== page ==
CVHS Student Population Increases to 862 as Additional Budget Cuts Loom



2019 Open House, the number of parents has doubled in size in comparison of the year prior to 2018.

The dismissal bell rings at CVHS. Students pour out of their classes in waves. The hallway is crowded and stuffy. A student trips over another person’s first day of school shoes. Freshman boys run up and down the hall, pushing each other, yelling at the top of their lungs. Juniors descend into distress. A student can’t stop for a second to chat without completely disrupting the flow. The juniors and seniors gaze in awe, as over the course of a year, their small, free-flowing school has become a jungle, complete with chaos and a fight for resources. Resources like the bathroom stall or first spot in the lunch line. It’s a new ecosystem at CVHS. One created by the constraint of the district’s budget and one that students and staff are learning to adjust to. 

In the past two years, Carnegie has faced a significant increase in students, from 637 students in 2016-2017 to 808 students in the 2018-2019 school year. This school year, 272 freshmen joined the student body, making the total student population of 862 students. That year, CVHS accepted more students than it has been known to, shifting the student-teacher ratio from about 22:1 to roughly 33:1. 

Made by Katherine Linares

Made by Katherine Linares

Juniors and seniors have particularly felt the effects of the growing student body. 

“Carnegie is a really small school, and the hallways are much more full than they were in previous years. Also, it’s getting really hard to fit all of the students in the cafeteria for assemblies,” junior Alice Fortson said.

Some students, including Alice, believe that the increase in student population has affected the sense of camaraderie in the school.

“Before, everyone knew everyone–from freshmen to seniors–but now I see kids I’ve never seen before every day, and I just accept it,” Fortson said.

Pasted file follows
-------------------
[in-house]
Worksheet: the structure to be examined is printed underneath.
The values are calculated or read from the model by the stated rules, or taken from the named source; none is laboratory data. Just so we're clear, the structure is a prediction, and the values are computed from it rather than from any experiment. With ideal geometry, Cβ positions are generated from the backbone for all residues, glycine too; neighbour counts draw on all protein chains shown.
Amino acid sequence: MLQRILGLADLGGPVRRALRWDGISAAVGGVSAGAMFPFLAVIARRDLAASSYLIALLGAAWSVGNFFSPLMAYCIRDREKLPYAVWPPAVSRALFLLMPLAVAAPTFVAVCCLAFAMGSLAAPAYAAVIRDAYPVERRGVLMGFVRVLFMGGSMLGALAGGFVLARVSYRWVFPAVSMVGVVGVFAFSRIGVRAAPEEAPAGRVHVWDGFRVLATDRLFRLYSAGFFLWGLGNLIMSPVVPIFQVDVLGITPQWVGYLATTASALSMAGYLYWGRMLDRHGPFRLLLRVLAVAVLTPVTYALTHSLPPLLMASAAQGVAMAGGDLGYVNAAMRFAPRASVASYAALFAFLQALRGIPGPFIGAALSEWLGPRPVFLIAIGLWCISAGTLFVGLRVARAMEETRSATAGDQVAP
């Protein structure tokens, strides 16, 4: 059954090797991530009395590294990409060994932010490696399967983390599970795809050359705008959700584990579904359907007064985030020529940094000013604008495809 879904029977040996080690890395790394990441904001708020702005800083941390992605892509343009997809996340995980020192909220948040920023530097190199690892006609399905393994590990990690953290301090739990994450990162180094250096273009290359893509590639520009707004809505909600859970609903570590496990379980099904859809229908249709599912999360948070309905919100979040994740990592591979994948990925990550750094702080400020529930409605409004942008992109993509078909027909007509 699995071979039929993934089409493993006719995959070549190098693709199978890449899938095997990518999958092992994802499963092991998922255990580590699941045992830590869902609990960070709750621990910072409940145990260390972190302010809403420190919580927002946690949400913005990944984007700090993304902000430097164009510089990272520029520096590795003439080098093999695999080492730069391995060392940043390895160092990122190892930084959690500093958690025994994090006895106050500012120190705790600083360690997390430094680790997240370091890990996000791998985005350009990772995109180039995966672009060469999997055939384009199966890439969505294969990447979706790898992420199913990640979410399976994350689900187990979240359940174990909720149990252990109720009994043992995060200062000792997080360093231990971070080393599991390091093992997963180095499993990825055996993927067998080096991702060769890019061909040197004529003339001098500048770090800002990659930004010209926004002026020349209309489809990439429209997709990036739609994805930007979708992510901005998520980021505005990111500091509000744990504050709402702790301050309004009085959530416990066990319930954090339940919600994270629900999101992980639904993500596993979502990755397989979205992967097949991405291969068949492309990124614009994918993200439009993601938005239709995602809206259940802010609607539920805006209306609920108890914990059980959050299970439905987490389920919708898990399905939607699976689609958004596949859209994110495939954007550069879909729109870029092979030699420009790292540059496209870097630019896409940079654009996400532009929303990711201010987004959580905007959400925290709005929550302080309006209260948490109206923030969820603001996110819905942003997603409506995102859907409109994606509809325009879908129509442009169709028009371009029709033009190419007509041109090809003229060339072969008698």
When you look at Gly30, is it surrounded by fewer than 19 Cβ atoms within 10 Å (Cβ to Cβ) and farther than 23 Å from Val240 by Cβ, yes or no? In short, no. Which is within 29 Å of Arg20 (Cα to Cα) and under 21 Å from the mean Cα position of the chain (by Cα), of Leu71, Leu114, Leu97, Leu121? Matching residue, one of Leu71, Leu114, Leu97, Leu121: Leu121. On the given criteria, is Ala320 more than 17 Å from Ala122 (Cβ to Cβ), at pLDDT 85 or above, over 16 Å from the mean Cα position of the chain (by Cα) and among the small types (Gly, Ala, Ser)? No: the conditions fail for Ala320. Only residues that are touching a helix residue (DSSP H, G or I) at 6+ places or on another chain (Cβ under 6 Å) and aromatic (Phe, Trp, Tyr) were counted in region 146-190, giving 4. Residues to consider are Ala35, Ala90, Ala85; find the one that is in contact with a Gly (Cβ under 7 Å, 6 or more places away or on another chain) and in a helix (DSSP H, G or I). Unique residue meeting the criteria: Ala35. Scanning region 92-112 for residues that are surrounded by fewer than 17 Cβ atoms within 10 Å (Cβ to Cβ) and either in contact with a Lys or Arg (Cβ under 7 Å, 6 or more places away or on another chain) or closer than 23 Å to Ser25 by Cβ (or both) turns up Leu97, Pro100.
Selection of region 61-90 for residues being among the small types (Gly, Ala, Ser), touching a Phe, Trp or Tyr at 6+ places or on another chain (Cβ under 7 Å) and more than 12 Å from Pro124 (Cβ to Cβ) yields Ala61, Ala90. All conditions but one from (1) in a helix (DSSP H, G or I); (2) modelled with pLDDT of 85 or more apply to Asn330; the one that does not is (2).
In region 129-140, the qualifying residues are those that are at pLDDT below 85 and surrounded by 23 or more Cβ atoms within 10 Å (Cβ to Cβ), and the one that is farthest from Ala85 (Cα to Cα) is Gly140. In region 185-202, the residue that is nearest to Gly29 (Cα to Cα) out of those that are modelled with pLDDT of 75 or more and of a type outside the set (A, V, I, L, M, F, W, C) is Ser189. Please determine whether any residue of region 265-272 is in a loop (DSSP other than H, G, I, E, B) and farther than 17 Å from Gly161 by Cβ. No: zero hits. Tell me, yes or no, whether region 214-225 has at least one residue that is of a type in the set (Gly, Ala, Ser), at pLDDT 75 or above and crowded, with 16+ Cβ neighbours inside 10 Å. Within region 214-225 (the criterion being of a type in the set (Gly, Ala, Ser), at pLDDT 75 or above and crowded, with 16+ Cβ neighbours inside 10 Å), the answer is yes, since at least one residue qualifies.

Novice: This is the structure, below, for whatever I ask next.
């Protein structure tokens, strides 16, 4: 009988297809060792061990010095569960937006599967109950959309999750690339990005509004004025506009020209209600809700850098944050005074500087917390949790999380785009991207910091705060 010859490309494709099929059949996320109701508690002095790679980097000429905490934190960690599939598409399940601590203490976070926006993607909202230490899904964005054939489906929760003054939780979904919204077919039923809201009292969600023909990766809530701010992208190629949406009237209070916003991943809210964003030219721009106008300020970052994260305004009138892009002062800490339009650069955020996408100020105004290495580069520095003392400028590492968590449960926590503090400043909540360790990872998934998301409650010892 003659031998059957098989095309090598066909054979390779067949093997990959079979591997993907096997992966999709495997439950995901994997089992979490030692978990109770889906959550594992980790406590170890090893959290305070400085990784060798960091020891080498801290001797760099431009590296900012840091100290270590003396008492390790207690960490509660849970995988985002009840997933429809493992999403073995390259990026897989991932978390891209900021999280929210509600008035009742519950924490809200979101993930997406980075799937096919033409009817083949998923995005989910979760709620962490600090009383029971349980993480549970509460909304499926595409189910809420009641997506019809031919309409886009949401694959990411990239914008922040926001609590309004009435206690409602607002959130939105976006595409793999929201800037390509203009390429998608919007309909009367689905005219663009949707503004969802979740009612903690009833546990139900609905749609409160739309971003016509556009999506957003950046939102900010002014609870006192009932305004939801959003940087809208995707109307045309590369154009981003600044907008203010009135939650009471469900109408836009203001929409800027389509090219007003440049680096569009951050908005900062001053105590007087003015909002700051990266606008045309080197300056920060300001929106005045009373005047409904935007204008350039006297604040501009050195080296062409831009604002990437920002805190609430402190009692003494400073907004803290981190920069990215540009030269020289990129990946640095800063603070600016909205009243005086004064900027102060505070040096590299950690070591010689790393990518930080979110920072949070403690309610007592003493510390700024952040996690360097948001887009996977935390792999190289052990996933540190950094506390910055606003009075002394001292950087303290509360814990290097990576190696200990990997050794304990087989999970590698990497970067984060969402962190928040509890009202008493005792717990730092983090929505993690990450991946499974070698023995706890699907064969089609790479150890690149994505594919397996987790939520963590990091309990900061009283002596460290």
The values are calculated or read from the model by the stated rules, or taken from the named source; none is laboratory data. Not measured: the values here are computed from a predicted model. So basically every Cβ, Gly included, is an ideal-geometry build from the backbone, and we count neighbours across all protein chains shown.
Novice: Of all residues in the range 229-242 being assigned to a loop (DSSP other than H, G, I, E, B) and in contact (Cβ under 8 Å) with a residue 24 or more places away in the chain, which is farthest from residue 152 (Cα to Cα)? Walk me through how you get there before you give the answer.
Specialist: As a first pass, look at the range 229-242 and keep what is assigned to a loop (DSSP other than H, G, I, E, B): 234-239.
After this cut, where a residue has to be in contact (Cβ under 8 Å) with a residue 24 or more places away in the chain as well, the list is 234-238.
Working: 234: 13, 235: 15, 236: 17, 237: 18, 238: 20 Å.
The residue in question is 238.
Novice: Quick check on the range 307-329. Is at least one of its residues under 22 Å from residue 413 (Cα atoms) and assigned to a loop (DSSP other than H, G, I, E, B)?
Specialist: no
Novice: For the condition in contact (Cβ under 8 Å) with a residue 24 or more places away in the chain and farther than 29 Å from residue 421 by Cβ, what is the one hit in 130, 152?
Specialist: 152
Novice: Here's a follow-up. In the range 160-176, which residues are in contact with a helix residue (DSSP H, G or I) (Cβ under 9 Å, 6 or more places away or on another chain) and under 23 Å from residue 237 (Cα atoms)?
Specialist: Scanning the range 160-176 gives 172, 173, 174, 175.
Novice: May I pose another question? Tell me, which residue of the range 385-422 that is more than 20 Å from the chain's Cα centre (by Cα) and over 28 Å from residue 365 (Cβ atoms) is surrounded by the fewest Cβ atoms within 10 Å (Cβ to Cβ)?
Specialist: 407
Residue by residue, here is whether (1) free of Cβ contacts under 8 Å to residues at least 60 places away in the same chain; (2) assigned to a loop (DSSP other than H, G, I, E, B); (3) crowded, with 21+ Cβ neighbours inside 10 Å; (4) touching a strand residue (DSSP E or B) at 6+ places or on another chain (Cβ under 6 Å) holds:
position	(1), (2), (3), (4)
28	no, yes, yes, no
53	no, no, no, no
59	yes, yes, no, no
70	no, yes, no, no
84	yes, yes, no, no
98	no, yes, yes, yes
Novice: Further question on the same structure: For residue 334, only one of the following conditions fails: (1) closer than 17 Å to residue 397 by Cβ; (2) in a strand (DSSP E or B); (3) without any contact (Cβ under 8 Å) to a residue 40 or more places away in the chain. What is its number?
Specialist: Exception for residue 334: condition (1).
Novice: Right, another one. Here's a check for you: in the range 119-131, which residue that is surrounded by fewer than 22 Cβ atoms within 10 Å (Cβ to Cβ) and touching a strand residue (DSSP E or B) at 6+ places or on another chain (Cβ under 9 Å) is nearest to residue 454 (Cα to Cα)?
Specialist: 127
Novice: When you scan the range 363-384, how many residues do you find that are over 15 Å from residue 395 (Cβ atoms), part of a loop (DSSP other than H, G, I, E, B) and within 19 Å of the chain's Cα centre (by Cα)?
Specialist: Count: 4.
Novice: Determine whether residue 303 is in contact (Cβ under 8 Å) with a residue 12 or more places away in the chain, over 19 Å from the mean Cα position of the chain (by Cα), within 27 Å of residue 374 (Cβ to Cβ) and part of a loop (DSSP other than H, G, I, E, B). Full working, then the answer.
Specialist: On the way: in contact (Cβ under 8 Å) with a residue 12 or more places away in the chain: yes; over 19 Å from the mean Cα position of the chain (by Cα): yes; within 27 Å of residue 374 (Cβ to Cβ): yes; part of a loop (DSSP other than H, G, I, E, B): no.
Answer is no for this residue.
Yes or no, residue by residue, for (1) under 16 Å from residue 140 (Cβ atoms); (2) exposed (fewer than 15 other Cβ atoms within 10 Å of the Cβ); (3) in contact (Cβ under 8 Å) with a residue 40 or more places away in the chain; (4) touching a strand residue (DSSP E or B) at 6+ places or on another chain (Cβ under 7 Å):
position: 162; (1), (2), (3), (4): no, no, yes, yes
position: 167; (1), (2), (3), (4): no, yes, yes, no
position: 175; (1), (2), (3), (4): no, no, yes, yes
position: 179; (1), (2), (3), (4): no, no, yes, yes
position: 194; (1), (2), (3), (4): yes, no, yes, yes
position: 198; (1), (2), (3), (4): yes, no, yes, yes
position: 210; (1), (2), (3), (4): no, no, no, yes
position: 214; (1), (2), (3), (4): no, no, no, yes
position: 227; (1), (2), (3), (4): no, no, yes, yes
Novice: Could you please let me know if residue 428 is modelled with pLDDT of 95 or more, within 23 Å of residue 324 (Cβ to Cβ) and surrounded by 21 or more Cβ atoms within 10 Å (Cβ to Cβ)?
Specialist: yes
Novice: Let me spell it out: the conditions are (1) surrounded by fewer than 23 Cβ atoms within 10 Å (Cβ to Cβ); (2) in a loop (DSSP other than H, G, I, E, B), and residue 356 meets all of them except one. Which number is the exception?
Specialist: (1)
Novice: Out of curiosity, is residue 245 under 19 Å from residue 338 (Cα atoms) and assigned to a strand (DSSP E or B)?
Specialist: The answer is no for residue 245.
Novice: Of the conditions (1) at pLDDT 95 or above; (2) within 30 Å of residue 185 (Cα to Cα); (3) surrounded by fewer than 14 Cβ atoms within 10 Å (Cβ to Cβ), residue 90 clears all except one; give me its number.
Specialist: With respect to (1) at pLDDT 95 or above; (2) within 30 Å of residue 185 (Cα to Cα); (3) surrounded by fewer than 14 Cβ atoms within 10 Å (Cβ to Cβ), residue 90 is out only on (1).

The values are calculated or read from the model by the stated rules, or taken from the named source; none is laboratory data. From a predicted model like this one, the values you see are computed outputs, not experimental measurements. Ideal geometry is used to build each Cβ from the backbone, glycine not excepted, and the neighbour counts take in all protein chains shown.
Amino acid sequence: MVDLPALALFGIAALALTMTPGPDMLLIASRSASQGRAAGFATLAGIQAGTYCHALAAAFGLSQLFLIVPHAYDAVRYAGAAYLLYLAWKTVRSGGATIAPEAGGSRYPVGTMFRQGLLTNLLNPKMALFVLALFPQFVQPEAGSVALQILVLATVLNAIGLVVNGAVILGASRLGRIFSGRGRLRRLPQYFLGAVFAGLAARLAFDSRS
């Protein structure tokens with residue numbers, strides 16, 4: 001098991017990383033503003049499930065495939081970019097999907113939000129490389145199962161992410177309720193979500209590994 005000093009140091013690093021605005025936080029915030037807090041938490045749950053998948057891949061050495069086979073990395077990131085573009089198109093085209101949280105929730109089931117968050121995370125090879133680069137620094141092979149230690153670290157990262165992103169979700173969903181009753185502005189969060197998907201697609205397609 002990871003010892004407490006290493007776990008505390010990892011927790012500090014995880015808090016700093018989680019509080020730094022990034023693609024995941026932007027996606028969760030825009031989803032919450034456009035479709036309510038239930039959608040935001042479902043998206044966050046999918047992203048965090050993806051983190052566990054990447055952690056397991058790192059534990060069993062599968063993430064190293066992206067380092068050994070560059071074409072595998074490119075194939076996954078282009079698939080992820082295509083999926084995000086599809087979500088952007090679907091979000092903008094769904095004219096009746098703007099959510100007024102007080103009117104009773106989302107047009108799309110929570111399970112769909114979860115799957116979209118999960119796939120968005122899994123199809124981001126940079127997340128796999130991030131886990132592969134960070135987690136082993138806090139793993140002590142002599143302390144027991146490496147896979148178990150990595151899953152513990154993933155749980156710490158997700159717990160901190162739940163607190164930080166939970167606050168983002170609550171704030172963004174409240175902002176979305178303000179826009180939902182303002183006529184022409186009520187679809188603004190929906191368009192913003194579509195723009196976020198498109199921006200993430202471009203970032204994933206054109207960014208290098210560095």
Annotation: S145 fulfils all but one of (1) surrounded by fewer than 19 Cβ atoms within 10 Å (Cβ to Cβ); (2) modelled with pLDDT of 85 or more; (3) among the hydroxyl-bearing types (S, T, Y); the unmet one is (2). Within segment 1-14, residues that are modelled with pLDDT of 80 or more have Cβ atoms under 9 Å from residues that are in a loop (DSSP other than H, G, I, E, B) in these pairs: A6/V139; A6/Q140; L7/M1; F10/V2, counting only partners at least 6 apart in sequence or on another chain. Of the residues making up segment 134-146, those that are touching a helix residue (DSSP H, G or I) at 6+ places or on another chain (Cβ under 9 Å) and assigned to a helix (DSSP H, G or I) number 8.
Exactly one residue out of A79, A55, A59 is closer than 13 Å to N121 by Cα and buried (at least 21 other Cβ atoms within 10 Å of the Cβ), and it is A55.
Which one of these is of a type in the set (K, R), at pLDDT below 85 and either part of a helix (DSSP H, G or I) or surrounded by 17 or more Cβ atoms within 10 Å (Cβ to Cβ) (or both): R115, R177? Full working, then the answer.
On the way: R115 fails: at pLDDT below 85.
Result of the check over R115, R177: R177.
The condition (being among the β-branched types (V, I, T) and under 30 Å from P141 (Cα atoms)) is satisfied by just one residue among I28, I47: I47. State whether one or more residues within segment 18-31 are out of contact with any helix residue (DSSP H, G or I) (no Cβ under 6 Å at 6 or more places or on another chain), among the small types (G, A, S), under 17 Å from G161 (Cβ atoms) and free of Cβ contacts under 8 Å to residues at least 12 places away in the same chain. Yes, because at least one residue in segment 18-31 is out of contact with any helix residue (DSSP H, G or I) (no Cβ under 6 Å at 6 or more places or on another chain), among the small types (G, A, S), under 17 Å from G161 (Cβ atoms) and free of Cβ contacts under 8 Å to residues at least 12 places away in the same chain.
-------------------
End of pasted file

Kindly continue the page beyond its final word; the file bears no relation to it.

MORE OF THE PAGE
Because of the 2018-19 district budget cuts, CVHS lost $350/per student in magnet funding, thus enrollment and teacher to student ratio were increased.

“We increased the class sizes to preserve the program. At all schools, the budget is based on the number of kids there. HISD had a major economic shortcoming a couple of years back, so a lot of schools were told to cut their budgets,” Assistant Principal Juan Garner said.

HISD budget cuts are considered the brooding cloud of students and administrators, constantly causing change and belt-tightening. The scrimping, however, was enacted differently from school to school. Many elective courses had been cut at other schools. For example, Michael E. Debakey had to cut their UIL One Act Play and gymnastics program.

“The big schools, they have all kinds of electives, and so they can afford to cut some from around the edges. Our school is pretty much mainly core classes; there’s not a lot of things to cut. So we went the other way,” Garner said. 

Garner explained that the way the school dealt with budget cuts allowed the school to maintain advanced AP offerings and avoid losing teachers and staff members.

“It allowed us to pretty much keep our same program, and keep our staff and everybody intact. What defines us is our advanced curriculum as some of our specialty courses. And so, by cutting some teachers, we will be losing some things that define us” Garner said. 

For the 2019-20 school year, CVHS had projected student enrollment of 900 students and ended up with 862.  At the October enrollment snapshot, the school will give back approximately $167,000 to the district based on the differences from the original projections, which would affect teacher professional development, teaching supplies and materials, building improvements, and maintenance fees.